No alcohol is good for your heart: World Heart Federation takes aim at alcohol industry claims that drinking has benefits

The spotlight is on research indicating that even moderate drinking increases risk of stroke, coronary disease and heart failure, among other diseases.

Emma Jones 4 minute read January 26, 2022
People suffering from hard drinking. Concept illustration with depressed characters sink in various alcohol glasses. Alcoholism effects

Some members of the alcohol industry say that adults of legal drinking age are able to weigh the risks for themselves. GETTY

The World Heart Federation is pushing back on the belief that alcohol in moderation can decrease the risk of heart disease.

In a policy brief issued Thursday, the Federation pointed to research that indicates those who consume alcohol moderately may still be at 1.14 times greater risk of stroke, 1.06 times greater risk of coronary disease and 1.09 times greater risk of heart failure, among other non-heart related diseases.

According to the brief, previous studies have suggested moderate alcohol increase can raise levels of high-density lipoprotein (HDL) cholesterol, sometimes referred to as “good” cholesterol. However, they say these studies were far from conclusive and don’t deflect from the demonstrated health risks.

“Our position is that studies showing a significant cardioprotective effect of alcohol consumption have by-and-large been observational, inconsistent, funded by the alcohol industry, and/or not subject to randomized control,” Beatriz Champagne, chair of the group that produced the report, told CNN. “Furthermore, any potential cardioprotective effect is negated by the well-documented risks and harms, rendering our judgment that no amount of consumption can be considered good for heart health.”

The Low-Risk Alcohol Drinking Guidelines, issued by the Canadian Centre on Substance Use and Addiction, recommends that to reduce long-term health risk, Canadians should drink no more than 15 drinks per week (maximum of 3 drinks in one day) for men and no more than 10 drinks per week for women (with a maximum of two drinks in a single day.)

The Heart and Stroke Foundation has also noted that any benefits of drinking alcohol don’t outweigh the risks, writing that while some may find studies related to possible pros of alcohol reassuring, it’s not an invitation to start drinking.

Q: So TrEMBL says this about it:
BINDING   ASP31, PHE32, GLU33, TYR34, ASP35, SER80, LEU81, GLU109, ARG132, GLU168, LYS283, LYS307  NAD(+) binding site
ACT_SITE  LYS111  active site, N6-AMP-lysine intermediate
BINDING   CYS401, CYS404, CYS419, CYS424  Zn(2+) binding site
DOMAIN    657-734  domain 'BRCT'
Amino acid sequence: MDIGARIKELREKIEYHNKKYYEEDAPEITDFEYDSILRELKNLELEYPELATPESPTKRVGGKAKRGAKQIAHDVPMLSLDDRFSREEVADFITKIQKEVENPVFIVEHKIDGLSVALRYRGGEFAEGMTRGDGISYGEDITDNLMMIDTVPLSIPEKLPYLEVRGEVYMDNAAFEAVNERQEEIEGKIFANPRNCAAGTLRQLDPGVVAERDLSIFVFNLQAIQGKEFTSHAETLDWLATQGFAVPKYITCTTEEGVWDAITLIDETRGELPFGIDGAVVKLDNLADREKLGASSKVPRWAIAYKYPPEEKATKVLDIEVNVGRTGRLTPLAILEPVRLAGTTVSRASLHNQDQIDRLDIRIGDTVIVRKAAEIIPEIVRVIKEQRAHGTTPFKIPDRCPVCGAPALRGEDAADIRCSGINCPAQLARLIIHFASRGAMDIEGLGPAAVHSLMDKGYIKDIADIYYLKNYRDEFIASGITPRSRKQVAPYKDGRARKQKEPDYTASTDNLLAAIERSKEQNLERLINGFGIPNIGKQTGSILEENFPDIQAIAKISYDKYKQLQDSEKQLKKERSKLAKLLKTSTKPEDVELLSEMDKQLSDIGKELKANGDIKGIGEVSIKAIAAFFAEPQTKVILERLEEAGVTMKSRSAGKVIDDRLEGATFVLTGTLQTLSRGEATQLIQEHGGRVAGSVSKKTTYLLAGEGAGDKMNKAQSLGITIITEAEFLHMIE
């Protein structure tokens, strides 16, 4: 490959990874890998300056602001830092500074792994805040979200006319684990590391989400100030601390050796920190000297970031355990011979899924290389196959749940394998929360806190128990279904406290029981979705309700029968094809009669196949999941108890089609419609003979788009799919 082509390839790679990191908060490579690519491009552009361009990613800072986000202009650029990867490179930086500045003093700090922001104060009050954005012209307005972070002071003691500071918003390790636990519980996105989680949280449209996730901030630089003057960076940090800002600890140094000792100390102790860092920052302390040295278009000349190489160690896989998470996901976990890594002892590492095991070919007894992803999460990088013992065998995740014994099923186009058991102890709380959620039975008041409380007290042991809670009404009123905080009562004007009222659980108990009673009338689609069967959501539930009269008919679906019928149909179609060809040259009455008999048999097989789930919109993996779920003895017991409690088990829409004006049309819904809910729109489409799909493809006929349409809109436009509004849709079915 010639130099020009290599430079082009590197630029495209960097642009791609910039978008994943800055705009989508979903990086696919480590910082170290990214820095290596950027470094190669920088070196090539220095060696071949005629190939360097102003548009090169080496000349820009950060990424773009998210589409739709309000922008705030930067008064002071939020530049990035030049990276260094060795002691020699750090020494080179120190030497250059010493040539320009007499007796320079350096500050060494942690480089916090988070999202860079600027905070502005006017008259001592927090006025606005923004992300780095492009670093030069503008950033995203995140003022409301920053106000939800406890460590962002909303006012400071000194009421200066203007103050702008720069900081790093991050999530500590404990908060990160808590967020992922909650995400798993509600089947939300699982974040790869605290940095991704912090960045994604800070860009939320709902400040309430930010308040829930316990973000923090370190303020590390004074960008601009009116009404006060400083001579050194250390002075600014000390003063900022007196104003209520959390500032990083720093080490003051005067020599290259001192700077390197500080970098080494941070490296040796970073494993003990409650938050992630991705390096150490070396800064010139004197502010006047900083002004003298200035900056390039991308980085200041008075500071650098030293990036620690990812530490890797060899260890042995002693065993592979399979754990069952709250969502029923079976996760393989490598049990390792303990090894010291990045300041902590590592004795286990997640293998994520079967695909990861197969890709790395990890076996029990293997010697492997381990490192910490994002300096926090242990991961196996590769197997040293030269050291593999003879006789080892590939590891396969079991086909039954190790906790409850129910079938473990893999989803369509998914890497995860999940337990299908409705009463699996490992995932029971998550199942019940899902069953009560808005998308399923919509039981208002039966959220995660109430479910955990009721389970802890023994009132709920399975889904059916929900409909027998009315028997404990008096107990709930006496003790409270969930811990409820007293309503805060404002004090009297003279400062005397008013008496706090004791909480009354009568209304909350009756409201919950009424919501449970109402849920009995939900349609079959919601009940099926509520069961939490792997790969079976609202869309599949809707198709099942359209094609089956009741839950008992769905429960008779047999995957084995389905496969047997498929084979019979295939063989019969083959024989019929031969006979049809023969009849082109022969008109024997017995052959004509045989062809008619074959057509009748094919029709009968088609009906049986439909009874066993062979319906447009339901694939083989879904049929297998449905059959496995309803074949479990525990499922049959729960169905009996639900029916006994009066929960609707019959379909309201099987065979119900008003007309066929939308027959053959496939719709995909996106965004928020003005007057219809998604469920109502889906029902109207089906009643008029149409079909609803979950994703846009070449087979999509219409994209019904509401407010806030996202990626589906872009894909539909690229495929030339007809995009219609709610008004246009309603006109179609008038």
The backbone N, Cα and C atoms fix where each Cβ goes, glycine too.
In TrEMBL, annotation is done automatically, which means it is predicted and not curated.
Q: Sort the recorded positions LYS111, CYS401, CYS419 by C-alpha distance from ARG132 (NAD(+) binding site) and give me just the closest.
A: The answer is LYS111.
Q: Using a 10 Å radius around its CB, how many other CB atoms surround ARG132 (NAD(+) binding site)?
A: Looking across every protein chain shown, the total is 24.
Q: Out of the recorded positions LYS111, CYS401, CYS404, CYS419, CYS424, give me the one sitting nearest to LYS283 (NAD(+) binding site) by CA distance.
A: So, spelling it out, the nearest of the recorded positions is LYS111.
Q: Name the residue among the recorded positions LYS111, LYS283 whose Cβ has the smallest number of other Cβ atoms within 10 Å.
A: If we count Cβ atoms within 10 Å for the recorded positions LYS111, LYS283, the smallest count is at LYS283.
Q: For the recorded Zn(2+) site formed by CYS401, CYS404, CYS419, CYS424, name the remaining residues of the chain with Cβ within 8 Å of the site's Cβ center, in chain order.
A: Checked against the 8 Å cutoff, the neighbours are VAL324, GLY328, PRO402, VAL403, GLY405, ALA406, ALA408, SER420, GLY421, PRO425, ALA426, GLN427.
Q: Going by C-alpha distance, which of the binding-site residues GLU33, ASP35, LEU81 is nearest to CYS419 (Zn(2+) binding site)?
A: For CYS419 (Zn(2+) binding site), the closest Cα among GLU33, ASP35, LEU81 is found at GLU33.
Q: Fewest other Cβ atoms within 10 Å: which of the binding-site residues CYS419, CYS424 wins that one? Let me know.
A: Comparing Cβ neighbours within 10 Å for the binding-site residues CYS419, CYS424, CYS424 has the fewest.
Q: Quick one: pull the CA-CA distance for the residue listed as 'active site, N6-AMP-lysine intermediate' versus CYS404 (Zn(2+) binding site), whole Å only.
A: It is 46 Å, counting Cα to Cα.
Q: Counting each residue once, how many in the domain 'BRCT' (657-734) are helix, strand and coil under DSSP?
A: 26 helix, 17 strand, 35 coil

These revelations might not be accepted with open arms, as the majority of Canadians are moderate drinkers. At least two thirds of Canadians 15 and older (21 million people) reported they had consumed alcohol in the past 30 days, according to a January 2021 survey from Statistics Canada.

Alcohol industry “reflects the universally vilified activities of tobacco companies”

The policy brief also says the studies that indicate alcohol may carry some health benefits, such as a glass of red wine, have been overblown by the alcohol industry and the media, leading to a skewed understanding of the risks.

“The alcohol industry has also perpetuated misleading information about the benefits of drinking alcohol. This interference by the alcohol industry closely reflects the universally vilified activities of tobacco companies,” the brief reads, also stating that some studies which show positive effects of alcohol are industry-funded.

Aren’t we all adults?

However, some members of the alcohol industry say that adults of legal drinking age are able to weigh the risks for themselves.

Matt Lambert, chief executive of the Portman Group (a U.K. group which receives funding from the alcohol industry) cautioned about exaggerating the risks of drinking moderately, causing “undue alarm.” The majority of adults who drink are “more than able to make informed decisions and enjoy alcohol sensibly if they chose to do so,” he told Bloomberg.

The Portman’s code of practice includes not listing health benefits on alcoholic products or through marketing efforts.

Canadians drinking more during the pandemic

Almost a quarter (24 per cent) of Canadians increased their alcohol consumption during at the start of 2021, according to Statistics Canada. (22 per cent said their consumption decreased.)

Of those Canadians who are drinking, more are reporting they consumed five or more drinks in one day, a trend which health professionals warn can cause more hospitalizations, incidents of violence, and accidents. In 2017, 11 per cent of Canadians reportedly drank five or more drinks on the days they consumed alcohol, while 18 per cent reported doing the same in 2021.


Emma Jones is a multimedia editor with Healthing. You can reach her at or on Twitter @jonesyjourn


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